Cashflow modelling has come back into fashion, says Sam Carroll, who’s an adviser with Talem Wealth.
This is particularly true in Sydney, where a lot of clients are “staring down the barrel of million-dollar mortgages,” as Carroll describes it. “They know they’re going to have to be really clever in how they invest and save so they can afford to buy a home.”
It’s within the younger demographic – usually between the ages of 35 and 55 – where Carroll has been focusing his efforts and where Talem is growing its client base.
“Our client base is starting to skew younger, and I think because I am in that age group myself, any chance I get I tell my friends and associates the importance of managing your money properly,” he says.
Carroll’s advice philosophy is rooted in the advice business his father, Paul, grew over 23 years. Sam Carroll took over the business three years ago and has found the goals-based philosophy resonating with a new generation. He now has eight full-time staff, two advisers including himself, and roughly 250 to 300 full-service clients.
“Dad’s business was very much a goals-based advice business,” he says. “It was about cashflow modelling, and seeing what people could afford, then putting the necessary strategy in place.
“The fundamentals of that approach have not changed at all, but I think we are now attracting that younger group, as well as retirees, who are interested in wealth coaching and cash flow, more so than they are about superannuation, at that age.”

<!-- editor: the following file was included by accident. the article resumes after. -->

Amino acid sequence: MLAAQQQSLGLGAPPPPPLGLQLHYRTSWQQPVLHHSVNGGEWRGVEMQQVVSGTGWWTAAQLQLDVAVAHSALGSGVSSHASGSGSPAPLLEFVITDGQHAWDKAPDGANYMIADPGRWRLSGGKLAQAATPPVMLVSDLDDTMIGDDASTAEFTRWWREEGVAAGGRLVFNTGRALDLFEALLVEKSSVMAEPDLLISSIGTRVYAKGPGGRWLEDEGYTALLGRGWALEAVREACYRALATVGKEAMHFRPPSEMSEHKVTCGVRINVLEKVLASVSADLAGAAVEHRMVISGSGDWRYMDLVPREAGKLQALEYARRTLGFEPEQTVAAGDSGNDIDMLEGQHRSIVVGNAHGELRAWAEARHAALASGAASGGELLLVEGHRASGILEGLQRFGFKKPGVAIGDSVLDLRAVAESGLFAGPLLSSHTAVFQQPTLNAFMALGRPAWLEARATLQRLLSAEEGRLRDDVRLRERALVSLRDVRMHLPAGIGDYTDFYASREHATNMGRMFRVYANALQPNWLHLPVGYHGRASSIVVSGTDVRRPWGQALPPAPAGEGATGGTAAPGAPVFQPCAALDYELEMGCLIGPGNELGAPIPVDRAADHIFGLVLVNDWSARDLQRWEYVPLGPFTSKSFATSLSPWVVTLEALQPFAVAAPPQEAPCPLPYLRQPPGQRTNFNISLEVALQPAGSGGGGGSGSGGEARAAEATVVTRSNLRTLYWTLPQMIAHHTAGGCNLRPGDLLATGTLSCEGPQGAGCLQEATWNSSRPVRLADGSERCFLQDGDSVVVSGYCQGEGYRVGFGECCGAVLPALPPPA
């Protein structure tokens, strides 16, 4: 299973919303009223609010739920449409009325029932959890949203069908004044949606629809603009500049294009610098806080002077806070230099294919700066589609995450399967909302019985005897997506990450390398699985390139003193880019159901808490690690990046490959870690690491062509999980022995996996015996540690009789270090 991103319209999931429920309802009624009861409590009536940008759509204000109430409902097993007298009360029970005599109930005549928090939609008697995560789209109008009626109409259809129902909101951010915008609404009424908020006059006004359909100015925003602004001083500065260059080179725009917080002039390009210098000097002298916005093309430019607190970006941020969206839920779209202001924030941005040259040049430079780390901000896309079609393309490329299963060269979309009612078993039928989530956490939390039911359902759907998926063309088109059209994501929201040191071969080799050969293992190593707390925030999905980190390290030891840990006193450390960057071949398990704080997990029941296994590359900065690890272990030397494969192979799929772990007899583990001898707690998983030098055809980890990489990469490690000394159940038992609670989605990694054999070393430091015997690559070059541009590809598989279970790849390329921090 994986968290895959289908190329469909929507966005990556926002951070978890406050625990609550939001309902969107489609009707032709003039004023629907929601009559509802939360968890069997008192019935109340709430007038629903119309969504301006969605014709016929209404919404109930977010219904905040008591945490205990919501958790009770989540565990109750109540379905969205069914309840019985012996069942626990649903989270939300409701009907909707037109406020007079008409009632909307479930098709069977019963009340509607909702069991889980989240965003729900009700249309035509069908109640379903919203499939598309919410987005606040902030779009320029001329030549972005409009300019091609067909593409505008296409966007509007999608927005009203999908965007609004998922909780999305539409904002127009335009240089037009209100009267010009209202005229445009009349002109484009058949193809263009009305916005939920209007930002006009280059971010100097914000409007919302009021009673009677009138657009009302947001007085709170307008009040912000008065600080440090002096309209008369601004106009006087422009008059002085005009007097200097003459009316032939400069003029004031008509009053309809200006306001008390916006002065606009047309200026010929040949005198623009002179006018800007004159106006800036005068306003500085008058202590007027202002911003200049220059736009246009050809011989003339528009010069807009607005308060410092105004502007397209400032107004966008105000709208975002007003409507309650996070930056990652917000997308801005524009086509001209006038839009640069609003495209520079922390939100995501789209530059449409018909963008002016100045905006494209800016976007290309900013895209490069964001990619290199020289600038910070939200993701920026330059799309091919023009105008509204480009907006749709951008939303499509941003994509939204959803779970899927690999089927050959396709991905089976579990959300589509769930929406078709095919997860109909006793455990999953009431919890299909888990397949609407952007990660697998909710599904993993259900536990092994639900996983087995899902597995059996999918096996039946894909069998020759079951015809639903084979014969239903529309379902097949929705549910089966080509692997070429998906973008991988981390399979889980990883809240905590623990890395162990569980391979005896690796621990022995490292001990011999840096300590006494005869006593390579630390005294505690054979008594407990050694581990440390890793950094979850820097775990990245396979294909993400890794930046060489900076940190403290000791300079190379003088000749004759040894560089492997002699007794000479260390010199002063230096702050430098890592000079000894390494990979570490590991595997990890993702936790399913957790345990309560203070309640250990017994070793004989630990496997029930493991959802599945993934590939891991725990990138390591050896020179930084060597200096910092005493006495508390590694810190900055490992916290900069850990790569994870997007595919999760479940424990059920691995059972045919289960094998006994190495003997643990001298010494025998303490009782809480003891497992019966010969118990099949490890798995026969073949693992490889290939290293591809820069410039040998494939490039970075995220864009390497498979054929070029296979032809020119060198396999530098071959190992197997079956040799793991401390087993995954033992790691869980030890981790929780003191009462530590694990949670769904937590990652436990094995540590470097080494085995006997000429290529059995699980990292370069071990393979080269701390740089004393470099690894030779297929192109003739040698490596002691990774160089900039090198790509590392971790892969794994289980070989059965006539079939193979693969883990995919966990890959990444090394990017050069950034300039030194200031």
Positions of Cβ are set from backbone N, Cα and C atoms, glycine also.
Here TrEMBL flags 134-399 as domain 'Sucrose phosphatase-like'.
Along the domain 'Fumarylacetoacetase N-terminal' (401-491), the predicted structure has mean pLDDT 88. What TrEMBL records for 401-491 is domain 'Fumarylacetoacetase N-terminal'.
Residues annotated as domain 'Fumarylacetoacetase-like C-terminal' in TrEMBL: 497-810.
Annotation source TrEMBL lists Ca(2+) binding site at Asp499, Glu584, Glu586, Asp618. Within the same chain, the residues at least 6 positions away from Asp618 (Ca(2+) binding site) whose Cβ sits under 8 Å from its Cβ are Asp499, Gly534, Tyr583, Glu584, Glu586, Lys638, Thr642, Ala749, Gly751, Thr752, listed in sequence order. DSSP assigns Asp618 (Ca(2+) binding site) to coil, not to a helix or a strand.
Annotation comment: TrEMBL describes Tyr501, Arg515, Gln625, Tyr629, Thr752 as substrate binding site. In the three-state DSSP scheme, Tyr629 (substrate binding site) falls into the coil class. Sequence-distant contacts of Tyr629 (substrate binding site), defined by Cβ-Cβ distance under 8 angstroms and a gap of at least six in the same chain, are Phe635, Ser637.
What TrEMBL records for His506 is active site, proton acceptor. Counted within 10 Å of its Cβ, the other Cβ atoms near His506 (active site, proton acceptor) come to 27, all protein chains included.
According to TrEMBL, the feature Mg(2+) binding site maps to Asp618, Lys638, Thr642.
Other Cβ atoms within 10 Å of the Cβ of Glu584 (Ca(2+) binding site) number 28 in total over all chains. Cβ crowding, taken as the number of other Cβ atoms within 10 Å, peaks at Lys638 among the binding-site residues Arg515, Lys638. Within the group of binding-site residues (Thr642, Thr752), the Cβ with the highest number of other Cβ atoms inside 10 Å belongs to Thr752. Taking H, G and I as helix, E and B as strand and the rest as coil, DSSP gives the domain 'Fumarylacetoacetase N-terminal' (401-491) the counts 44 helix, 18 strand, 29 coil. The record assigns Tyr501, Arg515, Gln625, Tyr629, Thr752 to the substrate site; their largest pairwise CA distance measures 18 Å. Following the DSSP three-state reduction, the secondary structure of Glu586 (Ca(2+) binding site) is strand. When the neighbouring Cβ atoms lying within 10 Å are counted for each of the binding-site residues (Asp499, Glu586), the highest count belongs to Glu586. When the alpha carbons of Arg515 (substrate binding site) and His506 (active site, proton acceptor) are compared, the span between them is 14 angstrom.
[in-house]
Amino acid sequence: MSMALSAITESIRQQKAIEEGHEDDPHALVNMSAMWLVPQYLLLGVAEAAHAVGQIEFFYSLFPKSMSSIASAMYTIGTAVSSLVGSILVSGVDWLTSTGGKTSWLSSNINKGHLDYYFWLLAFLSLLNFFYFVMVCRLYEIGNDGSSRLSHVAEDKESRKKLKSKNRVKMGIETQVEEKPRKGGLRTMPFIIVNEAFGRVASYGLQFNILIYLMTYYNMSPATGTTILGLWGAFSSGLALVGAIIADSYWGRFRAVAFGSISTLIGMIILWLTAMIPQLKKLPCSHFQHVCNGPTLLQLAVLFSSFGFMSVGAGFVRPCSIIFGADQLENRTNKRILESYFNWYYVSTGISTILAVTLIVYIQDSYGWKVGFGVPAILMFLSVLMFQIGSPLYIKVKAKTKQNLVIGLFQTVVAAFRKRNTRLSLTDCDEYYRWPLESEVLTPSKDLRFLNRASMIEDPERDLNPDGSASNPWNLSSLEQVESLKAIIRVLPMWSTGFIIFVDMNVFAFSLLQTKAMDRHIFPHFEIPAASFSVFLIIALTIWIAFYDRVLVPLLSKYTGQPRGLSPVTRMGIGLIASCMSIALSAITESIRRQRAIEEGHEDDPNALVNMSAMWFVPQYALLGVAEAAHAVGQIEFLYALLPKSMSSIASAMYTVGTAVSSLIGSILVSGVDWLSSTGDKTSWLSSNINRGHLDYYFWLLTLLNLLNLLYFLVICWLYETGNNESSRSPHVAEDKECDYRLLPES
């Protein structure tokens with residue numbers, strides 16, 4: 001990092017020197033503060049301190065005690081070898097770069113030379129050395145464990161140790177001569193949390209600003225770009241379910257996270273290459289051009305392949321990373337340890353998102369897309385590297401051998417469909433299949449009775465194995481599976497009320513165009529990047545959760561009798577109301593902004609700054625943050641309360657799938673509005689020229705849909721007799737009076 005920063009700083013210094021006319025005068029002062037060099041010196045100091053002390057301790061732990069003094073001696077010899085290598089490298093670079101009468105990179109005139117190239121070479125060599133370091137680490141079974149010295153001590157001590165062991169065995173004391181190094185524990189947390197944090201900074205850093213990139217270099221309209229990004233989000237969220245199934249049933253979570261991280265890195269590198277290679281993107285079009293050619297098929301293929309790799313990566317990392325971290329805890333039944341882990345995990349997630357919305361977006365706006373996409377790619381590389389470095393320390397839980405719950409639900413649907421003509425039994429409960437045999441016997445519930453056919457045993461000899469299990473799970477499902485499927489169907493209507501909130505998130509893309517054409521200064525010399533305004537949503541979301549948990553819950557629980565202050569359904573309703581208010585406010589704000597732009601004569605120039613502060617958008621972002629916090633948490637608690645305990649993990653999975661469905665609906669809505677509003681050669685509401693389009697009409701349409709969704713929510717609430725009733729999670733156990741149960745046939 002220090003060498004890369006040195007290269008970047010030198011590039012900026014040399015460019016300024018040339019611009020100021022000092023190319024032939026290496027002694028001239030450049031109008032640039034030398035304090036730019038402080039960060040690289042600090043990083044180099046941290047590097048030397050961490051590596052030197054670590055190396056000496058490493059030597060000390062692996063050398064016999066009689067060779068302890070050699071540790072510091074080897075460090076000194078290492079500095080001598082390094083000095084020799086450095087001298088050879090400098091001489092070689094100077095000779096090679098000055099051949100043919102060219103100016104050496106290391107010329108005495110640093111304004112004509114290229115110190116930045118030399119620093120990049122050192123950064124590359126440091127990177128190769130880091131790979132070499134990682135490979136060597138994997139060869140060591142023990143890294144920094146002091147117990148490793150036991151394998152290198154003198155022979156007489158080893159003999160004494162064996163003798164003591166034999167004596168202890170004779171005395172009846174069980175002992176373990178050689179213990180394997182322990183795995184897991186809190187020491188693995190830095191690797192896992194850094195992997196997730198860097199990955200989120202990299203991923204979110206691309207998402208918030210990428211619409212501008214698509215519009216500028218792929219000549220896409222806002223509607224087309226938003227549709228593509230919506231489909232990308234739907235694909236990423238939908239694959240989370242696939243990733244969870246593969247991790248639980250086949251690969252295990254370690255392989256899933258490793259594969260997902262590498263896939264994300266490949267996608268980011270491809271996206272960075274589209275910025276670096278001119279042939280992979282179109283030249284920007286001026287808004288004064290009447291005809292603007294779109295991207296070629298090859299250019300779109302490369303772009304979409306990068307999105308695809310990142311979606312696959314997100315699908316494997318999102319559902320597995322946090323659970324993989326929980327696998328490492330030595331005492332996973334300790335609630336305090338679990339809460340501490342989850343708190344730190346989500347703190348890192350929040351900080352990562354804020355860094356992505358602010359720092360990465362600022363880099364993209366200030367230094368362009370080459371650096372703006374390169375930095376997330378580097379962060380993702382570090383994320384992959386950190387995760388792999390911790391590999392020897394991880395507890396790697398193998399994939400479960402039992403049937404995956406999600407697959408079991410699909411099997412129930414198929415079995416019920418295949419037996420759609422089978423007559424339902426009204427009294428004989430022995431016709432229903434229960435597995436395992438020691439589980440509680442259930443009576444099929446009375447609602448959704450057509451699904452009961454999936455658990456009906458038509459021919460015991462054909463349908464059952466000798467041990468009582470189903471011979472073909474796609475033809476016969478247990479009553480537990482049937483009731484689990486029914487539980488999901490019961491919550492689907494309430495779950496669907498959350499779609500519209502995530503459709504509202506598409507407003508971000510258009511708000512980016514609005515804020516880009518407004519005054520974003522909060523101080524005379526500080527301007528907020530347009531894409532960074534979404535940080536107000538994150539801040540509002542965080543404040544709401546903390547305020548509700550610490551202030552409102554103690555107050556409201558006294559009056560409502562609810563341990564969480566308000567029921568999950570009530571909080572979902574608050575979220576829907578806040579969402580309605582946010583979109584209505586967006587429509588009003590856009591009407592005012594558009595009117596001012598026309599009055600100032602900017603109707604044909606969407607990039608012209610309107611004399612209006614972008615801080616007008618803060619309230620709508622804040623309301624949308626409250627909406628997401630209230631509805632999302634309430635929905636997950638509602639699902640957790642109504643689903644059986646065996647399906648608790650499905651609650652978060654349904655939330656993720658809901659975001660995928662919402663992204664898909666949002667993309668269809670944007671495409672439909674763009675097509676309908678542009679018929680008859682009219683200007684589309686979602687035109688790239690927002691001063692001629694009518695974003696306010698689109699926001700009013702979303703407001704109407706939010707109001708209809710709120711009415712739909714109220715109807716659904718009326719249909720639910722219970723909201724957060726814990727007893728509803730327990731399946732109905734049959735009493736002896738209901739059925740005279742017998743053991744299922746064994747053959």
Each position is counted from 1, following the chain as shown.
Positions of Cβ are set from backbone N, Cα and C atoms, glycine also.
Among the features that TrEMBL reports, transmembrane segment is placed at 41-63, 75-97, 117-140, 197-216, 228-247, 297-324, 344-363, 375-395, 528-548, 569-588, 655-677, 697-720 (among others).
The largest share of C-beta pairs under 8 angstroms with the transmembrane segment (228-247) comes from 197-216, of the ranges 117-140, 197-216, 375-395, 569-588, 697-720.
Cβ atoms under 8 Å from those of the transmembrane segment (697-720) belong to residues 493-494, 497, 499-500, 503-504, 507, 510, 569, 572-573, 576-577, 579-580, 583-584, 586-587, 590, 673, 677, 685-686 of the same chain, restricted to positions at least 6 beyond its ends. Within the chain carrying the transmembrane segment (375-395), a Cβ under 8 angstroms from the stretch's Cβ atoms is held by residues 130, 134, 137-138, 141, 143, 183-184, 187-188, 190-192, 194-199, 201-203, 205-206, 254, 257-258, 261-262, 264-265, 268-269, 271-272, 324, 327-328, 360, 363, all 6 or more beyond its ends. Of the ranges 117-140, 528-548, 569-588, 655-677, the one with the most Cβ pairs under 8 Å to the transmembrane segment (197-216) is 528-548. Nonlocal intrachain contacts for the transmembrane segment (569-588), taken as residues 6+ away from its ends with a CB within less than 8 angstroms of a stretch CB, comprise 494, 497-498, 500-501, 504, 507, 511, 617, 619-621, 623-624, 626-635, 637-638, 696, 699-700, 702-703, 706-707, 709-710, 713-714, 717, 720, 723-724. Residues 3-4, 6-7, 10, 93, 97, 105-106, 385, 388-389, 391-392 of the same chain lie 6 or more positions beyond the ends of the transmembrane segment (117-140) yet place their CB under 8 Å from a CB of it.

In some circles, goals-based advice can get a bit of a bad rap for being overly simplistic, Carroll notes.
For instance, Scott Pape, the no-nonsense, straight-talking ‘Barefoot Investor’, often gets perceived in institutional wealth management circles as proffering an overly simplistic view of consumer finance. Some advisers might be dismissive of his broad appeal among Australians – despite the fact his book, The Only Money Guide You’ll Ever Need, has sold more than 1 million copies – Carroll acknowledges.
But Carroll sees it a little differently.
“It’s been a while since I read his book so I can’t speak for the nature of his advice in great detail, but I do like the fact that he has people thinking and talking about their finances,” he says. “The advice he gives on cash flow is very solid, and his concept of setting up buckets to manage money is a really great concept.
“So while he does get a bad rap by some advisers, in a way his success is not a bad thing, in that more people are coming to us with a real interest and enthusiasm for getting on top of their finances and getting ahead.”
Carroll notes that advising a younger group of clients involves a fair degree of behavioural economics.
“It’s not so much that people aren’t earning enough, it’s more that they tend to spend more, the more that they earn,” he says. “They will often say that they work hard, so they spend money to reward themselves. We have so many consumer goods that we can spend money on now, and people just put it on the credit card.”
Carroll took to managing money – his and other people’s – early on but even he is surprised he followed his dad into the advice business.
“I never thought I would do it, but I worked at the business part-time during university and I started to see the impact it had on people’s lives,” he says. “I would see people come in quite dejected that they weren’t enjoying work at the moment because of a new boss, but figured they couldn’t afford to retire, and Dad would be able to tell them that, actually, they could retire.
“I have seen tears of relief in that office.”
Name of firm: Talem Wealth
Name of licensee: Financial Wisdom
Years in the industry: More than 10
Academic qualifications: bachelor of business (financial services); advanced diploma of financial planning; Certificate IV in finance and mortgage broking
Professional association memberships: Member of Business Risk Institute of Australia; FPA
Other memberships: Wealth expert for NSW Leaders